On Sunday night, the Recording Academy took the opportunity to dispel any criticism that it was “old” and “out-of-touch” by producing a colorful display of electric performances, heartfelt tributes and surprise collaborations at the 2010 Grammy Awards.
The drama for the evening was set, as industry folk and viewers at home debated which pop diva — Beyoncé, Lady Gaga or Taylor Swift — would steal the show. And when it was all said and done, music’s biggest night ended with a Queen B, a country princess and a royally snubbed Lady Gaga.
With 10 nominations — the most of any artist this year — Beyoncé dazzled with her engaging and over-the-top rendition of “If I Were a Boy,” segueing for just a minute into a cover of Alanis Morrisette’s girl power anthem “You Oughta Know.”
Amid clouds of smoke, the Sasha Fierce star emerged onstage with an impressive fleet of male soldiers, but it was her vocals and studded costume that showed, without a doubt, who was high in command.
The star went home with six awards, including best female pop vocal performance for her ballad “Halo,” and broke the record for most Grammys won in a single night by a female artist.
Not too bad, B.
Taylor Swift was also modestly decorated with Grammy hardware. The singer graced the Grammy stage three times: once to perform with Stevie Nicks and twice more to accept her awards, which included the show’s most coveted prize, album of the year, for her sophomore effort, Fearless.
The night’s best performance, however, wasn’t by Taylor Swift or Beyoncé but instead the show’s opener. Within six minutes of going live, pop supernova Lady Gaga transported an arena filled with famous peers, anxious fans and stuffy record executives to the Fame Factory — making them all her little monsters. From high-energy choreography to her personal manifestation of monster moves, the sight seemed to be plucked right out of a Tony award-winning production.
Gaga’s inspired theatrics were in full effect as dancers draped in nude leotards were dragged on the floor and a screaming Gaga was thrown into a burning steel funnel, only to reappear completely cindered yet still in control. As a new-wave gay icon, Gaga sang a duet with Elton John, which blended her monster masterpiece “Speechless” with John’s classic “Your Song.” On her first Grammy performance, Gaga demonstrated her unique ability to move and inspire the masses.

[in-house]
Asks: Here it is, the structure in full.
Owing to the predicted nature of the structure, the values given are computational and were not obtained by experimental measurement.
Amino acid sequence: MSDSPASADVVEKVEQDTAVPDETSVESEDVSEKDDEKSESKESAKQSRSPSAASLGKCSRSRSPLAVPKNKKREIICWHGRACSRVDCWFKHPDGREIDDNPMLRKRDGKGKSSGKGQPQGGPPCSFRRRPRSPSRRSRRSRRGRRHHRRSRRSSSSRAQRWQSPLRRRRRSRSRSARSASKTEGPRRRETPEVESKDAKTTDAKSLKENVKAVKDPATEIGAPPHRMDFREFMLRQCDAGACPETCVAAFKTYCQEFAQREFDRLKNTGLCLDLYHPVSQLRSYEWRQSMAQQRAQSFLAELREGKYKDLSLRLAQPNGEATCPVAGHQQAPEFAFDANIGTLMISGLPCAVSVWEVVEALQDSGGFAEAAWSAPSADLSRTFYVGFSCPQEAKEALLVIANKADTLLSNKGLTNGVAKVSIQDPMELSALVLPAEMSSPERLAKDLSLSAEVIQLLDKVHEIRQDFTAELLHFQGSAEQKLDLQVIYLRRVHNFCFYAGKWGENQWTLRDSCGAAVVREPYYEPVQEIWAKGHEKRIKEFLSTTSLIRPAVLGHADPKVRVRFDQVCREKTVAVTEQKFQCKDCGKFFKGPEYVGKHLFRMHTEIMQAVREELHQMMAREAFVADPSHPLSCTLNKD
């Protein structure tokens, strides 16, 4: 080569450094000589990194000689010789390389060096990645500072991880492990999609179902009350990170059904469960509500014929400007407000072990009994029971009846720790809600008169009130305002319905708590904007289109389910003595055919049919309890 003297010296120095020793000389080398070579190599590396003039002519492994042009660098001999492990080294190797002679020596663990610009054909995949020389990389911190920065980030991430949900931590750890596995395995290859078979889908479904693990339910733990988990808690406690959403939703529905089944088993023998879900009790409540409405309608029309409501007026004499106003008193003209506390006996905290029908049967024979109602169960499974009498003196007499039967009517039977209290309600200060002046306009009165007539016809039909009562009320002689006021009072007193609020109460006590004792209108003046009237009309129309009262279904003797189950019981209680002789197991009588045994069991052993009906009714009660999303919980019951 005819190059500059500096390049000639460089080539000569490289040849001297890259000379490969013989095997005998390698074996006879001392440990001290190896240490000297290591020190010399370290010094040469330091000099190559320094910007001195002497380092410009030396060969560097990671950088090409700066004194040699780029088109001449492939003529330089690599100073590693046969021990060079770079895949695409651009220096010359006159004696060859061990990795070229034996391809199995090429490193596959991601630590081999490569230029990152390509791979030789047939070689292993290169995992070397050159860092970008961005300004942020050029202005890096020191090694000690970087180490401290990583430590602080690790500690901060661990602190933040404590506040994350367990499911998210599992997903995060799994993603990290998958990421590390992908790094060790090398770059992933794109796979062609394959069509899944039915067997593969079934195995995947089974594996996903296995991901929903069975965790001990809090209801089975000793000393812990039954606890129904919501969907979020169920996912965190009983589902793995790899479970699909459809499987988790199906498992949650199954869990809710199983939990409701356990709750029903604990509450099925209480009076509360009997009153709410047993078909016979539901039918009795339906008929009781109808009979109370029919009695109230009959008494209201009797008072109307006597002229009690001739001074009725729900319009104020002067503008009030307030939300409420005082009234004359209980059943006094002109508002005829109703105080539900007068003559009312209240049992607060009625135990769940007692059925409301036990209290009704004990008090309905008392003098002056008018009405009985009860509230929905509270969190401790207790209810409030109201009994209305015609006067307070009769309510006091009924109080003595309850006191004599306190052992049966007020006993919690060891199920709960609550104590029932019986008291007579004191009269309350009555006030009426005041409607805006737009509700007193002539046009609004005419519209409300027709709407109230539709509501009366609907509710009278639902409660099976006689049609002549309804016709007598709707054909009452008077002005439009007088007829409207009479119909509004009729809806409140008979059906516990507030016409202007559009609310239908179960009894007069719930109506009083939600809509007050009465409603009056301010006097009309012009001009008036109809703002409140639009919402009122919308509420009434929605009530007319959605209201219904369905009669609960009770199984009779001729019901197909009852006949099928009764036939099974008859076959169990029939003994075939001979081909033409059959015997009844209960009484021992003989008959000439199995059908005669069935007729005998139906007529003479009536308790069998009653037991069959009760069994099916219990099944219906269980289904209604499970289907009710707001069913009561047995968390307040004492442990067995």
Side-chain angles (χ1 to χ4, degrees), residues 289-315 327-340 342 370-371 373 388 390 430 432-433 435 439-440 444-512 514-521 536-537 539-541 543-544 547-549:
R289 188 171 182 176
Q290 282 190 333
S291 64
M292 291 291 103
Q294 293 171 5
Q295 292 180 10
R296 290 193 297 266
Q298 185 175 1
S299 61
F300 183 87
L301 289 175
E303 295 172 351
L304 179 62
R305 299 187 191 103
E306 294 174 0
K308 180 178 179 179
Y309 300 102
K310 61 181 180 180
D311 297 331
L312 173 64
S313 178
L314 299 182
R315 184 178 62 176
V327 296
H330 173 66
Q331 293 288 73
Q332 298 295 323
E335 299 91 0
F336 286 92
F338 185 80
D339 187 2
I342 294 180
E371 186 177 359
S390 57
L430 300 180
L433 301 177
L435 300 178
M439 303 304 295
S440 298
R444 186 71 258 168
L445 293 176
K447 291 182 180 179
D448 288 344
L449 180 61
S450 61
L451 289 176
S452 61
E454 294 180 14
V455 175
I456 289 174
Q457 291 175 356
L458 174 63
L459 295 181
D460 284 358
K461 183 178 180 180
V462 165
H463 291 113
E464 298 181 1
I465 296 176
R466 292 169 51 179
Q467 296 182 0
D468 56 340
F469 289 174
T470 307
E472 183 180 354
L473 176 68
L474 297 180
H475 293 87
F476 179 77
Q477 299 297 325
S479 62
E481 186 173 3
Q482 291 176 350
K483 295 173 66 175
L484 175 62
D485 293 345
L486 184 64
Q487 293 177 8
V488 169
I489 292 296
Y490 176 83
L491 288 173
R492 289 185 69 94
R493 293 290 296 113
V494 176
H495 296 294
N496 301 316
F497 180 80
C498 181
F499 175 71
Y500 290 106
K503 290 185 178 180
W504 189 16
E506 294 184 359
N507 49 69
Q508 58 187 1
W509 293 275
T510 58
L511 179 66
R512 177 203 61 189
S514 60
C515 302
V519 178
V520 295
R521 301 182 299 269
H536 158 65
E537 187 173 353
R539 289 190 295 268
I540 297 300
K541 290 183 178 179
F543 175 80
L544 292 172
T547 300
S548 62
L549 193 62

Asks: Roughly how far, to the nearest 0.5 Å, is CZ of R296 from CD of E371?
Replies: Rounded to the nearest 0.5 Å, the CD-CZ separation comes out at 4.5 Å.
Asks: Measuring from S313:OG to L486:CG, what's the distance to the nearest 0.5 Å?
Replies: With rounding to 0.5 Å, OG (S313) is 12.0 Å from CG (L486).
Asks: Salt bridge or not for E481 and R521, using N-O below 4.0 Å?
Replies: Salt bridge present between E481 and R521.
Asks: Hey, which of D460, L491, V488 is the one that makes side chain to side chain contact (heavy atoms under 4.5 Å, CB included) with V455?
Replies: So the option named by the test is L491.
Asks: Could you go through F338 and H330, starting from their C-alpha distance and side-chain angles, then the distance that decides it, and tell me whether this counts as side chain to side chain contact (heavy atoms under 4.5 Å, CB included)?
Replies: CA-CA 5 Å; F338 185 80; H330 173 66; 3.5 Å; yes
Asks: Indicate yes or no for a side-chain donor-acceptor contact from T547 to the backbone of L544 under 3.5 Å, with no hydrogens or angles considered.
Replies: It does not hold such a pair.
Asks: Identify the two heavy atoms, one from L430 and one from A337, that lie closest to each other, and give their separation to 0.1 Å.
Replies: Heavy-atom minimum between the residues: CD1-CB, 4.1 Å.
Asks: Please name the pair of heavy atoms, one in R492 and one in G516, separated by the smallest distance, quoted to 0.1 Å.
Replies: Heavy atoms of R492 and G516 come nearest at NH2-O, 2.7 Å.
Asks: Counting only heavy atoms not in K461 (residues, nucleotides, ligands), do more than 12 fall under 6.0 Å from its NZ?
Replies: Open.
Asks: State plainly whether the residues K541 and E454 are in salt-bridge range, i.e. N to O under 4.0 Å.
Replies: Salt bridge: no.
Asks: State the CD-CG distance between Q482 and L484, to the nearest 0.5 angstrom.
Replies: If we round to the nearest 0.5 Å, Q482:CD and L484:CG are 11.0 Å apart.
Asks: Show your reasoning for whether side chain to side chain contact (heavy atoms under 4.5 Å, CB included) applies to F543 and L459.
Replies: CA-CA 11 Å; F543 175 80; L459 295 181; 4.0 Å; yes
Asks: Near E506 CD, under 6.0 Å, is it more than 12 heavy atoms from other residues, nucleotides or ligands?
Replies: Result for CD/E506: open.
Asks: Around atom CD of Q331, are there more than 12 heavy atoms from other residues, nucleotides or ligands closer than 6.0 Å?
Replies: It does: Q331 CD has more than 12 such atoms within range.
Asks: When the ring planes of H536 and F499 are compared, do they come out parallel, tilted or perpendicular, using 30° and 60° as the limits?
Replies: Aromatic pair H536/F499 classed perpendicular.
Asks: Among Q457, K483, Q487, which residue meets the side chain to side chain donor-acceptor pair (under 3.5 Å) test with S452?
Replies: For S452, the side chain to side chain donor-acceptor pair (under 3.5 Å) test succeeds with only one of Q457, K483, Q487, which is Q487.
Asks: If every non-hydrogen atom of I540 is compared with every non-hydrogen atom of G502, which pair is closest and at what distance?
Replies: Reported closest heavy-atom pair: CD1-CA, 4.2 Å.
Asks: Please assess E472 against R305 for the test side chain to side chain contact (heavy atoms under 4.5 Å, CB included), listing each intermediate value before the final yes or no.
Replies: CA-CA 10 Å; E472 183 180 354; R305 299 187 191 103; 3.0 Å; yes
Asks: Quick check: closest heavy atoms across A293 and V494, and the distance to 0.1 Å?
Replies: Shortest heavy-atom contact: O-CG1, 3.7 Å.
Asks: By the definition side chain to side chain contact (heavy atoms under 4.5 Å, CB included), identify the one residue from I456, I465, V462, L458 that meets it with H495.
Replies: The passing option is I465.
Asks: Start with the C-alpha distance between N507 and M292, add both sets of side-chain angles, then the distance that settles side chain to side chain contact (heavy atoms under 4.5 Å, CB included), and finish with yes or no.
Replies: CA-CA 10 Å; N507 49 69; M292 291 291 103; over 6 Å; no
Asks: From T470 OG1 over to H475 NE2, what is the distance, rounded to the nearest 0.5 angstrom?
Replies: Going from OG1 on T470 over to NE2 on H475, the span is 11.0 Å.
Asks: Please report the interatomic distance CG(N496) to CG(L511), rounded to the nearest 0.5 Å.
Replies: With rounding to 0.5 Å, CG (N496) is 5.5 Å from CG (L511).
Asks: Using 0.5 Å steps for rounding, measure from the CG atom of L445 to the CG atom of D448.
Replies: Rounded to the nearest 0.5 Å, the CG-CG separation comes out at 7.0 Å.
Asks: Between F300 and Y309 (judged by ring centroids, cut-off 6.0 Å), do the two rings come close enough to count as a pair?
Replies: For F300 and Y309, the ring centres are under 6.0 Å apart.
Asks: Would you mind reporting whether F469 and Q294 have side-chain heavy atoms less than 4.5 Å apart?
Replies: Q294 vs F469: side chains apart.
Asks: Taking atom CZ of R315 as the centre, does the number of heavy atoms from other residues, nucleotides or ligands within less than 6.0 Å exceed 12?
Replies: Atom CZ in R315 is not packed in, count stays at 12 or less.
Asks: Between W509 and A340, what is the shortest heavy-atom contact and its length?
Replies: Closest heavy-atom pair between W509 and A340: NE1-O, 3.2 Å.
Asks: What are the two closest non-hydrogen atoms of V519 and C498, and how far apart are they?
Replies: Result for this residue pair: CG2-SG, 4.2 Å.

Unfortunately for her, the performance was a little too late. While Gaga might have made believers out of the audience that night, the starlet only received two awards out of her six nominations, both in dance categories — an outcome that shocked critics and music fans alike. Some even contested that Swift’s top honor was awarded to the wrong lady.
Even still, relevance seemed to be the running theme of the night. Each performance and presentation played perfectly to a year’s worth of momentous events: the fight for music education, Haiti relief and, of course, the passing of music legend Michael Jackson, who was honored with a lifetime achievement award by the Recording Academy.
An eclectic pack of music all-stars — Celine Dion, Smokey Robinson, Carrie Underwood, Jennifer Hudson and Usher — led another memorable Grammy moment by joining forces to sing a new version of “We are the World” for a 3-D Michael Jackson tribute.
The collection of star power was fitting to tribute the lifetime legacy of music Jackson left behind. With each pitch-perfect note, the Grammy veterans brought heavy emotion that nicely complemented the night’s more silly performances, such as the futuristic robot display during the Black Eyed Peas’ “Imma Be” and “I Gotta Feeling.”
To raise funds for Haiti earthquake victims, opera man Andrea Bocelli and Mary J. Blige also teamed up to sing a stirring duet of Simon & Garfunkel’s “Bridge Over Troubled Water,” which will be available to download on iTunes.
Rounding out what was definitely a ladies night, Pink’s performance of “Glitter In The Air” can’t be forgotten. She balanced high-flying stunts with grace and beauty as she plummeted into a pool center stage, then rose above the audience to drench her colleagues with water, which she obviously didn’t care about. Though she didn’t win an award, Pink, a resilient rocker for over a decade, shifted more musical credibility in her pocket.
Over a three-and-a-half-hour-long affair, the Grammy show lacked any dreary buzzkill that has become a common disease for award shows of its type. Show producers pulled acts from all genres and combined a selective roster of legendary and contemporary acts in a way that was not just old versus new.
With music award shows like the MTV Video Music Awards and the American Music Awards resting on controversy and style, the Grammys offered substance, bringing social reference and entertainment to a platform fitting of the power of music.